connotation

[kon-uh-tey-shuhn]
noun
1.
a.
the associated or secondary meaning of a word or expression in addition to its explicit or primary meaning: A possible connotation of “home” is “a place of warmth, comfort, and affection.”
b.
the suggesting of additional meanings by a word or expression, apart from its literal meaning; the act of connoting.
Compare denotation ( def 1 ).
2.
something suggested or implied by a word or thing, rather than being explicitly named or described: “Religion” has always had a negative connotation for me.
3.
Logic. the set of attributes constituting the meaning of a term and thus determining the range of objects to which that term may be applied; comprehension; intension.

Origin:
1375–1425 for earlier sense; 1525–35 for current senses; late Middle English connotacion < Medieval Latin connotātiōn- (stem of connotātiō), equivalent to connotāt(us) (past participle of connotāre to connote; see -ate1) + -iōn- -ion

connotative [kon-uh-tey-tiv, kuh-noh-tuh-] , connotive, adjective
connotatively, connotively, adverb
nonconnotative, adjective
nonconnotatively, adverb
unconnotative, adjective


2. undertone, implication, import.
Dictionary.com Unabridged
Based on the Random House Dictionary, © Random House, Inc. 2014.
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Collins
World English Dictionary
connotation (ˌkɒnəˈteɪʃən)
 
n
1.  an association or idea suggested by a word or phrase; implication
2.  the act or fact of connoting
3.  logic another name for intension
 
connotative
 
adj
 
con'notive
 
adj
 
'connotatively
 
adv
 
con'notively
 
adv

Collins English Dictionary - Complete & Unabridged 10th Edition
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Publishers 1998, 2000, 2003, 2005, 2006, 2007, 2009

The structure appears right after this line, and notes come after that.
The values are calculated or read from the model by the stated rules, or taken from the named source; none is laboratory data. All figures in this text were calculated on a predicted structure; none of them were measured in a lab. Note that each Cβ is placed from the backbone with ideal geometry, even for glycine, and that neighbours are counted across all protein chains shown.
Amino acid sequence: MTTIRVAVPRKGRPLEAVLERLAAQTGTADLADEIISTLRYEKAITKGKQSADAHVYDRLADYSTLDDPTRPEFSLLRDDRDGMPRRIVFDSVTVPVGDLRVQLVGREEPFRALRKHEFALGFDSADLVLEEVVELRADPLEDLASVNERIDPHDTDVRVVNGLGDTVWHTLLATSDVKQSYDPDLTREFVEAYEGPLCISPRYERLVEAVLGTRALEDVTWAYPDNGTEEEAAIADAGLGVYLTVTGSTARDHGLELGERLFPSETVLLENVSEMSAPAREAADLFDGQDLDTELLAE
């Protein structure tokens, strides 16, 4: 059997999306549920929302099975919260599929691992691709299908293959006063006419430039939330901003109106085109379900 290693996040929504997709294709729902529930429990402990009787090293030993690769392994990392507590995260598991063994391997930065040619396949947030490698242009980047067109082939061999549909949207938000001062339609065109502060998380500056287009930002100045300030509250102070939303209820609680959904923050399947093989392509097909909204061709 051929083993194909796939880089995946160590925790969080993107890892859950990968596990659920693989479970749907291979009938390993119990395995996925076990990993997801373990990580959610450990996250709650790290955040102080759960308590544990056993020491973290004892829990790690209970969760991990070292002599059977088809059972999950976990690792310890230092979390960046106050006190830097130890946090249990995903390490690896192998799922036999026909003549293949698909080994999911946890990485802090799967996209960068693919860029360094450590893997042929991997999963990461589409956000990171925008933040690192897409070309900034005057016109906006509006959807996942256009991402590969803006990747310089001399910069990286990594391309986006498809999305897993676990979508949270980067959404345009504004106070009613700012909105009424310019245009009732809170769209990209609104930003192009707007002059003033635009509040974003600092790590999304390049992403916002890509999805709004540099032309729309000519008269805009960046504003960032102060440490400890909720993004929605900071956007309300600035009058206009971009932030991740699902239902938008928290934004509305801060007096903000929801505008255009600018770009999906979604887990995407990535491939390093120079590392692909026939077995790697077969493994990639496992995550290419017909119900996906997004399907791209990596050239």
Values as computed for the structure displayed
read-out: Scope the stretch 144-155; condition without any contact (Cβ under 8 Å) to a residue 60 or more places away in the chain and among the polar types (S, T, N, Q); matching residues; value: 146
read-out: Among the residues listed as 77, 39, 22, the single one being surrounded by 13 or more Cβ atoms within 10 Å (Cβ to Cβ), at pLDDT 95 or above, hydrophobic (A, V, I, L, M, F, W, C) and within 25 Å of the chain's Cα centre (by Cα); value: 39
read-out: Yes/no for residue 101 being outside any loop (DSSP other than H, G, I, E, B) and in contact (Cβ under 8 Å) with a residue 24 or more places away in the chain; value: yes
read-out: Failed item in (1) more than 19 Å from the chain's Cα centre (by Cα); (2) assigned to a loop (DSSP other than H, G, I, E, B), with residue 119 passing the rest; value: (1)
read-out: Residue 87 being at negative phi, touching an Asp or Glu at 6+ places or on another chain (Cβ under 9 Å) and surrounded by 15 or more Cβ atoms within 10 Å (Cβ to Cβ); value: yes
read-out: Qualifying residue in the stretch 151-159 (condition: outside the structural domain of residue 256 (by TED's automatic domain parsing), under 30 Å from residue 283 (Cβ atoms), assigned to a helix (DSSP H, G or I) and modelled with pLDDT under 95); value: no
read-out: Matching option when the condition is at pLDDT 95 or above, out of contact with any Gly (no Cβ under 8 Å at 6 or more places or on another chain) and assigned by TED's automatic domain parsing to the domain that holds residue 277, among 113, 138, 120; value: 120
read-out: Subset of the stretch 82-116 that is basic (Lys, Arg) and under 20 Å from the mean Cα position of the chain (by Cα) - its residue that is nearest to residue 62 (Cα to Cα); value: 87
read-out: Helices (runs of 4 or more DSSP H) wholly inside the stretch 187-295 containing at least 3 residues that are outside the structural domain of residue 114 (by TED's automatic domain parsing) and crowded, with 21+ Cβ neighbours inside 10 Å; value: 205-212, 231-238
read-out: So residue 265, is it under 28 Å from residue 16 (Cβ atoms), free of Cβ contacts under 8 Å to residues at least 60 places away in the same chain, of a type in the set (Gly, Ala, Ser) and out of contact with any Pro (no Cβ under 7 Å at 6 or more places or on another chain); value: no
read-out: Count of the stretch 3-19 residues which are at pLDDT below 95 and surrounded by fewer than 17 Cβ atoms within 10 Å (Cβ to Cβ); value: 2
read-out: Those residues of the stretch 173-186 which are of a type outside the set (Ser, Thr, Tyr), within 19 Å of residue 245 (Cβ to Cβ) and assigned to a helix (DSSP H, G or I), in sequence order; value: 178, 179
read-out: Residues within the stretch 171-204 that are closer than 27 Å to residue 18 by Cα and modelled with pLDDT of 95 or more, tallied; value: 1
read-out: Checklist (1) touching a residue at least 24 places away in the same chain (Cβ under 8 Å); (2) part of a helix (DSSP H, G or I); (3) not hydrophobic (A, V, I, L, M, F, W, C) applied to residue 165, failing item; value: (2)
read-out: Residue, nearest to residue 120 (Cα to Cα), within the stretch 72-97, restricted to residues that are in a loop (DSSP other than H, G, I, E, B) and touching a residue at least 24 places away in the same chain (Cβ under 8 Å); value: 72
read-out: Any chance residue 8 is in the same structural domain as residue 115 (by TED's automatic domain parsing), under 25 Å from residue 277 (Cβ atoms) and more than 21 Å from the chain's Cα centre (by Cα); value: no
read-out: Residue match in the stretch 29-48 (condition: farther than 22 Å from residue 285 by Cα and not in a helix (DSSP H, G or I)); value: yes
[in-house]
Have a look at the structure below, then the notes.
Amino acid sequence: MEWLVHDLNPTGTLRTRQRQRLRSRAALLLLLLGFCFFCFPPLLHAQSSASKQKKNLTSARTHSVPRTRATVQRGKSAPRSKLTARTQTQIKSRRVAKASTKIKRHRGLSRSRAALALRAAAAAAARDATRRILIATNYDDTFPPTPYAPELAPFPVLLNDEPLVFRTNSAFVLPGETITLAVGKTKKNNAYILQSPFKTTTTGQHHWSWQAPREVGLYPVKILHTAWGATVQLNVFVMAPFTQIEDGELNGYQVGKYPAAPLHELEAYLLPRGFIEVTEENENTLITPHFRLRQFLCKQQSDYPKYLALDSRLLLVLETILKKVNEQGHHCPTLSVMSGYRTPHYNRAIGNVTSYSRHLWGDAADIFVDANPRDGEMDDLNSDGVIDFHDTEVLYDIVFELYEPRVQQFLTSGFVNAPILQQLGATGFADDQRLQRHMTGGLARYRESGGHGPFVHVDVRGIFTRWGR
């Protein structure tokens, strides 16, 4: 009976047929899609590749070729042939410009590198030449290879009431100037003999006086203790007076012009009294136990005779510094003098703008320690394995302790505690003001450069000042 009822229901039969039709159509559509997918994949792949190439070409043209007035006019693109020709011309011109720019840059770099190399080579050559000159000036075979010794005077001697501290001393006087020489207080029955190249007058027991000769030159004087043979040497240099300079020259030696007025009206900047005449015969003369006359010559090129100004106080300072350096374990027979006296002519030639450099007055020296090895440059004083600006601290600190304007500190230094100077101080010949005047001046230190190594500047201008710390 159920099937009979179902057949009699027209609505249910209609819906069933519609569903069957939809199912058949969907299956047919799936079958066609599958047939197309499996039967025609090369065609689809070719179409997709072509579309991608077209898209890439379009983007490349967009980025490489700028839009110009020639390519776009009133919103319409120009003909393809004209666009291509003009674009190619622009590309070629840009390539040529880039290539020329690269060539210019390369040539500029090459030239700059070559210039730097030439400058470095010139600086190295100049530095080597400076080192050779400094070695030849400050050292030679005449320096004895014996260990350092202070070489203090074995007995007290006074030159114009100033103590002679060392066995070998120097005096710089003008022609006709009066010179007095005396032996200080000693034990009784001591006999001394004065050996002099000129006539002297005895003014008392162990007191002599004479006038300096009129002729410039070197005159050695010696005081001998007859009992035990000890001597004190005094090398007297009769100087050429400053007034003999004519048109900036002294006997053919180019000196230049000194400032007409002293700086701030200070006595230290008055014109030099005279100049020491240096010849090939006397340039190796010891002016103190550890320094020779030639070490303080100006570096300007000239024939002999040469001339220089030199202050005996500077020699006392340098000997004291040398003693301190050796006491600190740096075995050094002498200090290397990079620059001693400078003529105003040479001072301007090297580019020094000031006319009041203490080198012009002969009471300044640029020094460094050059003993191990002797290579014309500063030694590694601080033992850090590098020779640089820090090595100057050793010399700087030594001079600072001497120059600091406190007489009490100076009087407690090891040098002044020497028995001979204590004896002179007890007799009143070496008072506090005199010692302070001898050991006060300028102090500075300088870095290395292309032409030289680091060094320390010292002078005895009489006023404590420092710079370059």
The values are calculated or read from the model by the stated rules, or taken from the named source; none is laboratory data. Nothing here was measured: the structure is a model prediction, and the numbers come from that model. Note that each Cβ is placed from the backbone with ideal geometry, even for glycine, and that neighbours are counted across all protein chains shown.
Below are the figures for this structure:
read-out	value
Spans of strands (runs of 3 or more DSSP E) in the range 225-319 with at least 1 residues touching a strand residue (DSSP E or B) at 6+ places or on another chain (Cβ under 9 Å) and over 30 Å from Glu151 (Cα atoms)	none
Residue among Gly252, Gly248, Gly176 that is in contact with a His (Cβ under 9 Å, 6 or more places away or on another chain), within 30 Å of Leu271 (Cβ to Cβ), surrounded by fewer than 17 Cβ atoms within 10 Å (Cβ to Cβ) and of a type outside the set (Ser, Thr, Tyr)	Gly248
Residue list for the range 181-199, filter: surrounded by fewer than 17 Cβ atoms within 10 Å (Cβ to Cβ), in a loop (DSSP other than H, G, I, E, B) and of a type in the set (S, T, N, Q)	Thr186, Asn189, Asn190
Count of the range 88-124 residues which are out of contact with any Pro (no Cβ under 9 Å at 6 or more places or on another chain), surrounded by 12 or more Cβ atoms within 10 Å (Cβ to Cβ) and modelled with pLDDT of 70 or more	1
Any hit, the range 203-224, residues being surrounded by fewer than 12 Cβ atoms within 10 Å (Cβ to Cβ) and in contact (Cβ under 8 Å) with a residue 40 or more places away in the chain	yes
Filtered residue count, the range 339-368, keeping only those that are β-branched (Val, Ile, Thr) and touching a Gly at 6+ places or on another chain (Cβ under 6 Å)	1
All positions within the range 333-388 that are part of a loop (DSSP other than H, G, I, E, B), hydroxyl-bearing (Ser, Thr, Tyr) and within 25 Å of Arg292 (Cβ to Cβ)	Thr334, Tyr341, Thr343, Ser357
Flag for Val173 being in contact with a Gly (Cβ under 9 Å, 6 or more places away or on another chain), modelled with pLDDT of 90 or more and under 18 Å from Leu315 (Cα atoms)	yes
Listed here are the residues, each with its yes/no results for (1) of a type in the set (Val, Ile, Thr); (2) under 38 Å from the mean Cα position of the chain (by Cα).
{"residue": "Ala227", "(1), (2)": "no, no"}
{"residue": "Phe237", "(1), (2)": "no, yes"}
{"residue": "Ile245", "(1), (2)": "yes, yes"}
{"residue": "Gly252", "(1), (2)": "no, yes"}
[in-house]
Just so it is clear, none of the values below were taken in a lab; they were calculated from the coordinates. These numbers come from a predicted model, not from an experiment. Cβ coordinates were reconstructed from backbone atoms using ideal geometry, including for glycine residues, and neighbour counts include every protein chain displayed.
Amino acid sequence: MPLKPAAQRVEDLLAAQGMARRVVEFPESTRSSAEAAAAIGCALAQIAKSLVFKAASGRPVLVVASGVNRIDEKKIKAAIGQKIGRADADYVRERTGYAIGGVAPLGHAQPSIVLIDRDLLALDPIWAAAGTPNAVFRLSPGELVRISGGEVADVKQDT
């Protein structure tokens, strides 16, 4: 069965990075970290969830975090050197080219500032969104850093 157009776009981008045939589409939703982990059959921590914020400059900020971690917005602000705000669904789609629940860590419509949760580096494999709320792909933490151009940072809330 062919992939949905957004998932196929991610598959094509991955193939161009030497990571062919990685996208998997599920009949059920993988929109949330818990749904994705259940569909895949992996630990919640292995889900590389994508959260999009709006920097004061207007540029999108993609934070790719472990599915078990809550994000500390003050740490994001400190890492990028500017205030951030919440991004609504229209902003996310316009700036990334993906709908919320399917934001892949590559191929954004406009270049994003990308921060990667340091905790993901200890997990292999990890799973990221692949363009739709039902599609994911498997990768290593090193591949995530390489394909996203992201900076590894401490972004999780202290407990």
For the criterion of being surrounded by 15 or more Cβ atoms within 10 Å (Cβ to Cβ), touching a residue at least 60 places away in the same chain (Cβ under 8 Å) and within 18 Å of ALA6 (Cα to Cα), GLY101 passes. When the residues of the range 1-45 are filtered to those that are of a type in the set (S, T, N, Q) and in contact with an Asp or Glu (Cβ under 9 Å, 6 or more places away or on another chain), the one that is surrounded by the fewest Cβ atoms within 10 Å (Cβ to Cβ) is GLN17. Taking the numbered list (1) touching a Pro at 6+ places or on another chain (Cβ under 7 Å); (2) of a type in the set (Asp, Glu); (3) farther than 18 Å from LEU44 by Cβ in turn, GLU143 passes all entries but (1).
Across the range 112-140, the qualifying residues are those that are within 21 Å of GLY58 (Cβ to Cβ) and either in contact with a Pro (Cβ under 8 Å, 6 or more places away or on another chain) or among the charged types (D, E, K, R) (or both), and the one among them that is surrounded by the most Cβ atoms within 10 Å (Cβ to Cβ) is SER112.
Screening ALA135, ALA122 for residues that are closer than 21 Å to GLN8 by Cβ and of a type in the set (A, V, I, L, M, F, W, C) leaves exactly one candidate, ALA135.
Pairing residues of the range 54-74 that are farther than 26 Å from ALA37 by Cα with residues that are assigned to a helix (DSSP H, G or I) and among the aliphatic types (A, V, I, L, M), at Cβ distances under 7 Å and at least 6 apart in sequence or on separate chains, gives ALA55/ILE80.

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Etymonline
Word Origin & History

connotation
1530s, from M.L. connotationem, from connotare "signify in addition to the main meaning," a term in logic, from L. com- "together" + notare "to mark" (see note). A word denotes its primary meaning, its barest adequate definition -- father denotes "one that has begotten." A
word connotes the attributes commonly associated with it -- father connotes "male sex, prior existence, greater experience, affection, guidance."
Online Etymology Dictionary, © 2010 Douglas Harper
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American Heritage
Cultural Dictionary

connotation definition


The meaning that a word suggests or implies. A connotation includes the emotions or associations that surround a word. For example, the word modern strictly means “belonging to recent times,” but the word's connotations can include such notions as “new, up to date, experimental.”

The American Heritage® New Dictionary of Cultural Literacy, Third Edition
Copyright © 2005 by Houghton Mifflin Company.
Published by Houghton Mifflin Company. All rights reserved.
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Encyclopedia Britannica
Encyclopedia

connotation

in logic, correlative words that indicate the reference of a term or concept: "intension" indicates the internal content of a term or concept that constitutes its formal definition; and "extension" indicates its range of applicability by naming the particular objects that it denotes. For instance, the intension of "ship" as a substantive is "vehicle for conveyance on water," whereas its extension embraces such things as cargo ships, passenger ships, battleships, and sailing ships. The distinction between intension and extension is not the same as that between connotation and denotation.

Learn more about connotation with a free trial on Britannica.com.

Encyclopedia Britannica, 2008. Encyclopedia Britannica Online.
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Example sentences
Compression has come to have a negative connotation.
The word null doesn't carry the connotation of failure that the word negative does.
It is also tinged with the negative connotation of a country which sees itself in decline.
Remind students that what they write needs to have a positive connotation.
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